SAN ANTONIO — For years, one of the highlights of the Mechanical Contractors Association of America’s (MCAA’s) Annual Convention has been the economic forecast offered by Brian Beaulieu, CEO of ITR Economics in Manchester, New Hampshire.
This year was no different, as members packed the room to hear his prognostications, which included both good and bad news.
“The news I’m bringing you today is basically good,” he said. “We are optimistic about where this economy is going, and we think you’re going to be able to make a lot of money … for now.”
The reason for this optimism is that the U.S. continues to have the No. 1 economy in the world, as it has for 80 years. And it’s going to remain No. 1 for at least another 80 years, if not longer, said Beaulieu, based on these three realities:
- Demographics — In order to have an organically growing economy, it is necessary to have a growing population. With the exception of India, the U.S. is the only country with a growing population base;
- Natural resources — The countries that have the greatest amount of natural resources win in the long run, and the U.S. has a lot of natural resources. On the other hand, China has a paucity of natural resources, which is why they’re colonizing Africa, and Europe has used up most of its natural resources; and
- Rule of law — In order to prosper, countries must have intellectual property rights, personal property rights, and the ability to go bankrupt. Nobody but the U.S. has those three rules of law.
“For these reasons, we are very fortunate to live and work in the U.S.” he continued. “We’re No. 1 and growing. If you’re still reading articles that equate us to an empire that has gone through a demise like the Romans or the Persians, stop reading. That’s not us.”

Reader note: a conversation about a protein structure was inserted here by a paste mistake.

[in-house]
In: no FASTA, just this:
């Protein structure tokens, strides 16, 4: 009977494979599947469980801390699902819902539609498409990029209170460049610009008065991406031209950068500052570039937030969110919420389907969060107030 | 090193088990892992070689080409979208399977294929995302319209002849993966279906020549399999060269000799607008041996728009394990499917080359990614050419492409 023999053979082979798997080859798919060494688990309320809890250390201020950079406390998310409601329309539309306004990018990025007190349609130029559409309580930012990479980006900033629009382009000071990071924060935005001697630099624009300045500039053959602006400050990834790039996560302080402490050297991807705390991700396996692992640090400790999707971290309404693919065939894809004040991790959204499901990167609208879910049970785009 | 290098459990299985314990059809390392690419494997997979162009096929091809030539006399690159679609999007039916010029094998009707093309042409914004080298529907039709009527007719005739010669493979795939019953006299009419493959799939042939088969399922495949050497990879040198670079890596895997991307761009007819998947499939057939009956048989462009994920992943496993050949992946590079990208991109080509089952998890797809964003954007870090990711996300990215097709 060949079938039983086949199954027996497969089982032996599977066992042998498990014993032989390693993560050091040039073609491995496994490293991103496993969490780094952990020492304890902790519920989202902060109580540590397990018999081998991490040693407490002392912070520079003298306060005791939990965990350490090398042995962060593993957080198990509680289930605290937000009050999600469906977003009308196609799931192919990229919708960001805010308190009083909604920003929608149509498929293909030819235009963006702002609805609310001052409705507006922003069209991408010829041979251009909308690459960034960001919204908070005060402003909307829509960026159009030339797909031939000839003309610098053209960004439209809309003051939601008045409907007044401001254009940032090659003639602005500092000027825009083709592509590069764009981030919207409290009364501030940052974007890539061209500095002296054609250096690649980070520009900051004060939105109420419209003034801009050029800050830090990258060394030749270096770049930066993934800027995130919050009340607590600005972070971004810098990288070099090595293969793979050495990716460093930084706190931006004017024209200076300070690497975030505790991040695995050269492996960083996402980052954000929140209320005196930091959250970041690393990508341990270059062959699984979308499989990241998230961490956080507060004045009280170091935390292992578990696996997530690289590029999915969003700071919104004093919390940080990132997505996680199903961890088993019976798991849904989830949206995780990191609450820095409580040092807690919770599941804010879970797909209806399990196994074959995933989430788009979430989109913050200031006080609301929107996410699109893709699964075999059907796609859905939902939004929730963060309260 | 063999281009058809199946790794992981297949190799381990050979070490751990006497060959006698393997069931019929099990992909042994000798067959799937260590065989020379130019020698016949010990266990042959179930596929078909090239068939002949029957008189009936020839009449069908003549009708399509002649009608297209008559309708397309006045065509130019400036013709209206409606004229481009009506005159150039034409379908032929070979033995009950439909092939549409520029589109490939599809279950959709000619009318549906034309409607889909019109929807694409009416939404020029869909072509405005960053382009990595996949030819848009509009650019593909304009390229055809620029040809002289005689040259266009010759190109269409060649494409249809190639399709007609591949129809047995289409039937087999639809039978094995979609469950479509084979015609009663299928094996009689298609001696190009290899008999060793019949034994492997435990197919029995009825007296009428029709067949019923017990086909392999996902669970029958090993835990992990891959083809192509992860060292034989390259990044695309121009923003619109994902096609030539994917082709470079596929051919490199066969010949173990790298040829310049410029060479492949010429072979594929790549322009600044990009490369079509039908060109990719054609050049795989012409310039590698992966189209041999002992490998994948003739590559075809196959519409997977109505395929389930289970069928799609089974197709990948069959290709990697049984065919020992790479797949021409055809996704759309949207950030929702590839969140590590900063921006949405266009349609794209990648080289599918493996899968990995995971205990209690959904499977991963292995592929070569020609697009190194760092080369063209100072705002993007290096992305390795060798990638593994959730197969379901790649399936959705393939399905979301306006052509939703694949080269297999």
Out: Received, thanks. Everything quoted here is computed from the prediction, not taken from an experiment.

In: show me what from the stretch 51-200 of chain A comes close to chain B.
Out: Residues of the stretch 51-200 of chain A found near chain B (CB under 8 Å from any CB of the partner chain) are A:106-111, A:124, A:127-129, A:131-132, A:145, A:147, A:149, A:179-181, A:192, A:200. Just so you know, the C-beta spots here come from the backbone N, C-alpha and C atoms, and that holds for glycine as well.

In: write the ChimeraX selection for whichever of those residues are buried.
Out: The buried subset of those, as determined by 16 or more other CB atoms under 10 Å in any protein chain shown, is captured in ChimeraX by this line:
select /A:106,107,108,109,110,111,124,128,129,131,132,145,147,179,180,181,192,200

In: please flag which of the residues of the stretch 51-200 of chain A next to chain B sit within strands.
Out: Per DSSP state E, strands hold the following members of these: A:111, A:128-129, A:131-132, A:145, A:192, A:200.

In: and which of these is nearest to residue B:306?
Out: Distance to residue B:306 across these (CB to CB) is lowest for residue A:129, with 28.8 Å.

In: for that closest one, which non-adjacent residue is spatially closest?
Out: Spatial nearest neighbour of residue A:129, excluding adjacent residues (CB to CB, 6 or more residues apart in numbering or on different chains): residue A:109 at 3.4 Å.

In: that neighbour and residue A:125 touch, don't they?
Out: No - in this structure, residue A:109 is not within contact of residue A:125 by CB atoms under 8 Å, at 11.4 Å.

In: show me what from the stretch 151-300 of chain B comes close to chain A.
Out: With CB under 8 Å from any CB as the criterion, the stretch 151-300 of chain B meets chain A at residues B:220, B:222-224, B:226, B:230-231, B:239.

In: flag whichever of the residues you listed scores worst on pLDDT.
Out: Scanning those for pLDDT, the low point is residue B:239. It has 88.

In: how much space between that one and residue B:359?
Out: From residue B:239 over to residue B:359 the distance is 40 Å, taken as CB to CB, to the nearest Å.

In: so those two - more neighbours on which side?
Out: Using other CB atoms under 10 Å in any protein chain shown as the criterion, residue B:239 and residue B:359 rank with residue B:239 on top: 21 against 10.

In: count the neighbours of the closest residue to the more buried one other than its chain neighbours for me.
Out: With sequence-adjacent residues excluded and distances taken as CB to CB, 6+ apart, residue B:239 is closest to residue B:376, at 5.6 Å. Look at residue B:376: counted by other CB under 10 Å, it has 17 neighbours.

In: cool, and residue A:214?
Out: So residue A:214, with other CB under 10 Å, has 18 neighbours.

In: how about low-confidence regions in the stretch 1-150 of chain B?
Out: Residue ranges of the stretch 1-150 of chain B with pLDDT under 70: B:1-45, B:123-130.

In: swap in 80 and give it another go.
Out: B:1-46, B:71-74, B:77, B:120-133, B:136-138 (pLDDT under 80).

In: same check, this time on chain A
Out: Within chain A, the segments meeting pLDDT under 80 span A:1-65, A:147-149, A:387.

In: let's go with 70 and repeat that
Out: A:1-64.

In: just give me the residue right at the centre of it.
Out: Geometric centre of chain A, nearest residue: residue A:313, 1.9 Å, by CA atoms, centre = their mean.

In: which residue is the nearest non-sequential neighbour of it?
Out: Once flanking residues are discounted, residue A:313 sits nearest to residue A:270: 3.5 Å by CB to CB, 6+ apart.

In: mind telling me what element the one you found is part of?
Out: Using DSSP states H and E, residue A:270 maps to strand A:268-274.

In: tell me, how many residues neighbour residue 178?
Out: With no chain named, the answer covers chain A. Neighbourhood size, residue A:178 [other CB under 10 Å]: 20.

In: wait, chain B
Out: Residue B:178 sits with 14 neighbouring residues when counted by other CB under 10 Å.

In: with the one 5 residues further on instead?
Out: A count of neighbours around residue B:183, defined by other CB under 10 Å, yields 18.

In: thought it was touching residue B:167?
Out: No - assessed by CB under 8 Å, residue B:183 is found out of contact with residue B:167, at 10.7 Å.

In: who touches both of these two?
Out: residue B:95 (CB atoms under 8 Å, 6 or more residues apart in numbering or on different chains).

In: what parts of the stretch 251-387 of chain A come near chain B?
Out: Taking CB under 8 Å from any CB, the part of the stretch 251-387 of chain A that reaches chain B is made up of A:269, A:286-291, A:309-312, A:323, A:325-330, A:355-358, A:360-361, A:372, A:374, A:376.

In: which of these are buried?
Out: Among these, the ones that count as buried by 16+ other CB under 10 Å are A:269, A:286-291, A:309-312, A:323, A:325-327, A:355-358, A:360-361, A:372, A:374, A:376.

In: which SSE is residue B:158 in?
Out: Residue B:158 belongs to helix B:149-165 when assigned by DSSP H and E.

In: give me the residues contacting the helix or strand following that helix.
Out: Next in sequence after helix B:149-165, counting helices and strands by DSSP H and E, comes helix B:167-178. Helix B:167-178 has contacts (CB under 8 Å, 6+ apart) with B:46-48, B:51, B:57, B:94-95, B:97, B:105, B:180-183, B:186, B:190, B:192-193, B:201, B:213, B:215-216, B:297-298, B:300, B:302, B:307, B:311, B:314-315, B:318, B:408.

The economy is showing many positive indicators right now, including rising incomes, readily available credit, strong manufacturing, and a rock-solid housing market, according to Beaulieu.
“We’re not like where we were in the bubble of 2006 to 2008,” he said. “That’s no longer germane to our thinking. Retail sales will do well through the third quarter of 2018, with growth at about 4.2 percent. Christmas 2018 will be a good one.”
In addition, single-family housing starts remain solid, and based on permit information, it looks like that growth will continue. Between now and 2029 or 2030, Beaulieu believes the new housing market will continue to be strong with perhaps a few periods of stalled activity but no cliffs in sight. Remodeling will also be robust because there is not a large enough inventory of existing homes to buy. Even renters are spending money on remodeling, he noted.
Right now, nonresidential construction is lagging. However, it will start to correct in the second half of the year, said Beaulieu.
“By the end of the year, nonresidential construction will be firing on more cylinders, and through the first half of 2019, it will be go time,” he said.
The same cannot be said for multifamily housing, which is in negative territory right now and will continue to stay there. Other concerns include the new tariffs on steel, which will disrupt supply chains and increase inflation; increasing mortgage and interest rates; the decreasing rate of savings; and increased automobile delinquency rates. The recent tax cut is not going to help much past 2018, said Beaulieu, as it accounts for only 0.5 percent of GDP this year — barely enough to nudge the U.S. economy.
The single biggest problem contractors will face for the foreseeable future, though, is still the lack of labor in the skilled trades.
“Labor scarcity is going to be part of our economic landscape for the next 10 years, and you need to manage it correctly,” said Beauleiu. “More and more of your profit is going to go toward keeping that labor by holding onto talented people. It’s a thorny issue.”